The Campaign to Regulate Marijuana Like Alcohol in Alaska is pushing recent poll numbers that indicate perceptions of the ballot initiative are remaining steady.
In a press release from the campaign Wednesday, spokesman Taylor Bickford cited two polls conducted in recent months that show support for the effort.
An annual poll commissioned by the Alaska House Majority Caucus -- which polled 800 Alaskans statewide on a variety of issues, from education to a gas line -- found that 52 percent of Alaskans polled were in favor of the initiative. The poll, conducted by Dittman Research and released Monday, found another 44 percent against the initiative and 4 percent undecided.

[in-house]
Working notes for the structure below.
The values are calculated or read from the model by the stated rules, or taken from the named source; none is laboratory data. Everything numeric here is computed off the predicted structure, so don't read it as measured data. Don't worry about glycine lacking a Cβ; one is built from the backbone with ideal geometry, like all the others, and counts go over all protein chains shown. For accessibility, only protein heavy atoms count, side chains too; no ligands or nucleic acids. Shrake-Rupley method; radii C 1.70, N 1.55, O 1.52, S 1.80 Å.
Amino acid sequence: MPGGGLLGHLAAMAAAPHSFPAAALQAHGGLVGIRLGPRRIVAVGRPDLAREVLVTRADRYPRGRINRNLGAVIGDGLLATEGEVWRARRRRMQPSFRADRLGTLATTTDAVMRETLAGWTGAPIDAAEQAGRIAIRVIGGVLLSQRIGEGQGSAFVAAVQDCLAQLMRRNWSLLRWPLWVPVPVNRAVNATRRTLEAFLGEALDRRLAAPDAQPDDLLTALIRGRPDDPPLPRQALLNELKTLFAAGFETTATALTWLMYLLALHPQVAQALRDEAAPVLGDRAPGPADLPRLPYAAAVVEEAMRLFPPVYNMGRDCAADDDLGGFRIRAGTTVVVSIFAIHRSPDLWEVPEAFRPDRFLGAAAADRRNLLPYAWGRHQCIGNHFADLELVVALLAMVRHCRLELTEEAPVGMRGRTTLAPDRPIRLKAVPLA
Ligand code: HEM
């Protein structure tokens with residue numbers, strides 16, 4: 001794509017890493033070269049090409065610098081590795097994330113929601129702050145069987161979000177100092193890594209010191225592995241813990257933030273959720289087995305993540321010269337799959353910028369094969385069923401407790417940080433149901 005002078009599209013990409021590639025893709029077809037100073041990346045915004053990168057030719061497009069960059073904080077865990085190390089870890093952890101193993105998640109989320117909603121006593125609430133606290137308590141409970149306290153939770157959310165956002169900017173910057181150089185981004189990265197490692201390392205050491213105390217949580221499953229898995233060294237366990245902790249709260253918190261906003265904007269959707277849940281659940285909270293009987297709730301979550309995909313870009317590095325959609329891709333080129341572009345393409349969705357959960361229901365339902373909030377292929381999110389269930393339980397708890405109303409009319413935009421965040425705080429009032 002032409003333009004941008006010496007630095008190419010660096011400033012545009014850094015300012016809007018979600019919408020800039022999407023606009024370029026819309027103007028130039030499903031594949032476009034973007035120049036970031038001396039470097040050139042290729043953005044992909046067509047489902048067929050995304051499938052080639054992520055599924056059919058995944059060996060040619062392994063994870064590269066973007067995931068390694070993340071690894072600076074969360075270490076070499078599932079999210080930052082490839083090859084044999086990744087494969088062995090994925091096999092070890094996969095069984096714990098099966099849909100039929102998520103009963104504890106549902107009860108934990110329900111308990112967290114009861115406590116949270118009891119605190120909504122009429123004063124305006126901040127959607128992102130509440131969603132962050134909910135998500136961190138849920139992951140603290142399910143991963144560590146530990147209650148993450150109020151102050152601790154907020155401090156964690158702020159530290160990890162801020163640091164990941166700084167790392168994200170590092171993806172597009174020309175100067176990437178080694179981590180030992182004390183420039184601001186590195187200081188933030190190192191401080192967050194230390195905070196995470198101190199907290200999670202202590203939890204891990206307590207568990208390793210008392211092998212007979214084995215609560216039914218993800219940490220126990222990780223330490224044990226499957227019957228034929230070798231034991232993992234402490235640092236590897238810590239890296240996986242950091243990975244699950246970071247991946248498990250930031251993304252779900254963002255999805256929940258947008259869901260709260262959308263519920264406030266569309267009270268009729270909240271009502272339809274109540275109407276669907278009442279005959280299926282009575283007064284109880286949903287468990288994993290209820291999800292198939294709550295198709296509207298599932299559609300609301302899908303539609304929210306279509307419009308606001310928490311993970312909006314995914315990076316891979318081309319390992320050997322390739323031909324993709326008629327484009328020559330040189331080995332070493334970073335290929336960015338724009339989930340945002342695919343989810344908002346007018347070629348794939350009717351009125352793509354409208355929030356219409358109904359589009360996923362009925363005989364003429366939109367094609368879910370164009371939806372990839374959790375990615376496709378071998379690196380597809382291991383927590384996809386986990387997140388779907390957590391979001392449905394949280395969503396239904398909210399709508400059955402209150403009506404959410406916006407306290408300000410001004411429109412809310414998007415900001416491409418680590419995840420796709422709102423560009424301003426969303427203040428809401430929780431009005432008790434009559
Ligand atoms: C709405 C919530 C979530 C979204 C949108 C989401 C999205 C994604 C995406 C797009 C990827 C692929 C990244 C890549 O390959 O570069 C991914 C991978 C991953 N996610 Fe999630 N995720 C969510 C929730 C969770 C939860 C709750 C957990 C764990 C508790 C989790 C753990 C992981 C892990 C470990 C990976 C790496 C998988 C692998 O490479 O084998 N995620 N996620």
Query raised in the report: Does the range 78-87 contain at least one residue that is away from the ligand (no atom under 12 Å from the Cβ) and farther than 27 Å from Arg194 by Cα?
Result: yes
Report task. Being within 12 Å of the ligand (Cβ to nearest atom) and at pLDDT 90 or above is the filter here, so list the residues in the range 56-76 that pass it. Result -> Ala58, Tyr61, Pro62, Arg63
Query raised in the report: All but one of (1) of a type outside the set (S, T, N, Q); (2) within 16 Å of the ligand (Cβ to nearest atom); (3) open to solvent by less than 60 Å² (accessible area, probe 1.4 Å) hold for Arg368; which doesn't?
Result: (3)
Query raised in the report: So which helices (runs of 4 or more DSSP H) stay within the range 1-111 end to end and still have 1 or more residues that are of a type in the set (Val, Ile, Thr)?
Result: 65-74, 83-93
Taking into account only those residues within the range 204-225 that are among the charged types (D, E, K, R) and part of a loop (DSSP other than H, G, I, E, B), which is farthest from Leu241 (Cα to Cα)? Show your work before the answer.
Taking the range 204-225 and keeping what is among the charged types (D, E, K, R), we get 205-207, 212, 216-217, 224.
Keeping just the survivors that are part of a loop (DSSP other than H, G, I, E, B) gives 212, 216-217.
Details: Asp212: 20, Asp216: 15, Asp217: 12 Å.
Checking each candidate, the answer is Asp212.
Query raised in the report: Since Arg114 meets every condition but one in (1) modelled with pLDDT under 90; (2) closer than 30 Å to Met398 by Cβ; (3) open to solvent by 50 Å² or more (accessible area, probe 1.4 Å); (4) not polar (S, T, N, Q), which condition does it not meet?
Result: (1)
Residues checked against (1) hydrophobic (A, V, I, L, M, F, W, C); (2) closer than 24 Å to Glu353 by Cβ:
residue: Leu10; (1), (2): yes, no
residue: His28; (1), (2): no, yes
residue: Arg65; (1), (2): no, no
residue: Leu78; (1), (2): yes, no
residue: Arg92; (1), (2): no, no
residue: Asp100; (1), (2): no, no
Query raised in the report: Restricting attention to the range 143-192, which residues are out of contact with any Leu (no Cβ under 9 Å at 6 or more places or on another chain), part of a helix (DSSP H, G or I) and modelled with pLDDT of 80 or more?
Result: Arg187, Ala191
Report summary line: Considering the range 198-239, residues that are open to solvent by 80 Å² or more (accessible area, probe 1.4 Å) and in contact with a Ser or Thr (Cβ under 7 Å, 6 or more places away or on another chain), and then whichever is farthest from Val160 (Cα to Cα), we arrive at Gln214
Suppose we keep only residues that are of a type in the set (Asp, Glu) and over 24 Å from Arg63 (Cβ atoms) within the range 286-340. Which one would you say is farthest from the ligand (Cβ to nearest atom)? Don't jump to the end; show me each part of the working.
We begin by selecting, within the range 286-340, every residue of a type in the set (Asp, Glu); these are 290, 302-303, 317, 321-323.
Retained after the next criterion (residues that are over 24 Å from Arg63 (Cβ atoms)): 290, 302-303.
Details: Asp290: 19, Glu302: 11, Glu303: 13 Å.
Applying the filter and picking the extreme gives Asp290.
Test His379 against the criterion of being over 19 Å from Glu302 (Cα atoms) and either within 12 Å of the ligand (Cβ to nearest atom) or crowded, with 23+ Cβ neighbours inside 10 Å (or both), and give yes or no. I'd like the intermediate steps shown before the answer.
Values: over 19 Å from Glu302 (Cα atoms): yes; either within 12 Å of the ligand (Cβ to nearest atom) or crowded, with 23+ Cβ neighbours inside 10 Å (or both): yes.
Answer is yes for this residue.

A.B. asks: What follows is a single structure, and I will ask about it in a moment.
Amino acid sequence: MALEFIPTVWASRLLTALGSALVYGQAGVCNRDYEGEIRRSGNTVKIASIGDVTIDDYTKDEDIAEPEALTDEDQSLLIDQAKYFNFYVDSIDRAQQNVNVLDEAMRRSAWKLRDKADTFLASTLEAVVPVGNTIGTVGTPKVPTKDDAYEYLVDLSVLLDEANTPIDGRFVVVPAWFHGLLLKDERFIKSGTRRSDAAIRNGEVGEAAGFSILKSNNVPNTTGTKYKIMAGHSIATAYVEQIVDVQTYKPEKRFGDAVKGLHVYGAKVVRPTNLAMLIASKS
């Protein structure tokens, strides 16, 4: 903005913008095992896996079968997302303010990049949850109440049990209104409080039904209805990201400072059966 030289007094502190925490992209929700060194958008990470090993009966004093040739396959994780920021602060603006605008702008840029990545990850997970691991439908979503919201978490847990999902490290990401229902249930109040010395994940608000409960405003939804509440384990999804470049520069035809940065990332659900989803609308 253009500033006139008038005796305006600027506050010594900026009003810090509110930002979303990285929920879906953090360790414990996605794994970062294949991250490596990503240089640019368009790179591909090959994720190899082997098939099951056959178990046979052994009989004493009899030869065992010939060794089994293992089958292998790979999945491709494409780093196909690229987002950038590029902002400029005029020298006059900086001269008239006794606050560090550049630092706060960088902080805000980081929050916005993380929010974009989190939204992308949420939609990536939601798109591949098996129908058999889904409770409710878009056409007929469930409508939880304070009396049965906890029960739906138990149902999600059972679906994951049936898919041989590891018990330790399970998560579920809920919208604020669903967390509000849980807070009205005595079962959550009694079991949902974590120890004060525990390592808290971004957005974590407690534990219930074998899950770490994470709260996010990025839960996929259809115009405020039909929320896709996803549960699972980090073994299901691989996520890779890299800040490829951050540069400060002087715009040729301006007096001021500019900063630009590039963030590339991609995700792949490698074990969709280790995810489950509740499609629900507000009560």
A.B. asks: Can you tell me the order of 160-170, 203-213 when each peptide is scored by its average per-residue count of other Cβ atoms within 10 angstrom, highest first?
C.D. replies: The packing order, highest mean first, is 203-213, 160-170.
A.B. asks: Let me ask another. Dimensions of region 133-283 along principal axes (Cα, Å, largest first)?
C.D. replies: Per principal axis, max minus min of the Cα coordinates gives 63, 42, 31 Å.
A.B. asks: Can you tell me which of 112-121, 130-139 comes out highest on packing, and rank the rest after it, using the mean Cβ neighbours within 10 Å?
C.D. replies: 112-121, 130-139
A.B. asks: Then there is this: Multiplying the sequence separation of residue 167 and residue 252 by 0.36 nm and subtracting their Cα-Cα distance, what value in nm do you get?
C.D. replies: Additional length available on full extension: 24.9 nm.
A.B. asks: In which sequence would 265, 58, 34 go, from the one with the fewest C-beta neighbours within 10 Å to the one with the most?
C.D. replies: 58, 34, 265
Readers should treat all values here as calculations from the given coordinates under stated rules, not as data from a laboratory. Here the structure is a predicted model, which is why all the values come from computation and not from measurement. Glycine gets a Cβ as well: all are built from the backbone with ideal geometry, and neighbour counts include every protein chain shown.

In February, a poll by Public Policy Polling found the numbers in Alaska to be only slightly higher -- 55 percent in favor, 39 percent against and 6 percent undecided.
"Alaskans are clearly fed up with the failed policies of marijuana prohibition and believe it's time for a more sensible approach," said Chris Rempert, political director for the campaign, in a statement. "The poll results reflect momentum and support we are seeing on the ground for regulating marijuana like alcohol in Alaska."
In late February, the state certified the initiative for the August primary election. If passed, it would legalize possession of limited amounts of marijuana for adults 21 years of age or older and establish a system under which marijuana is taxed and regulated similarly to alcohol.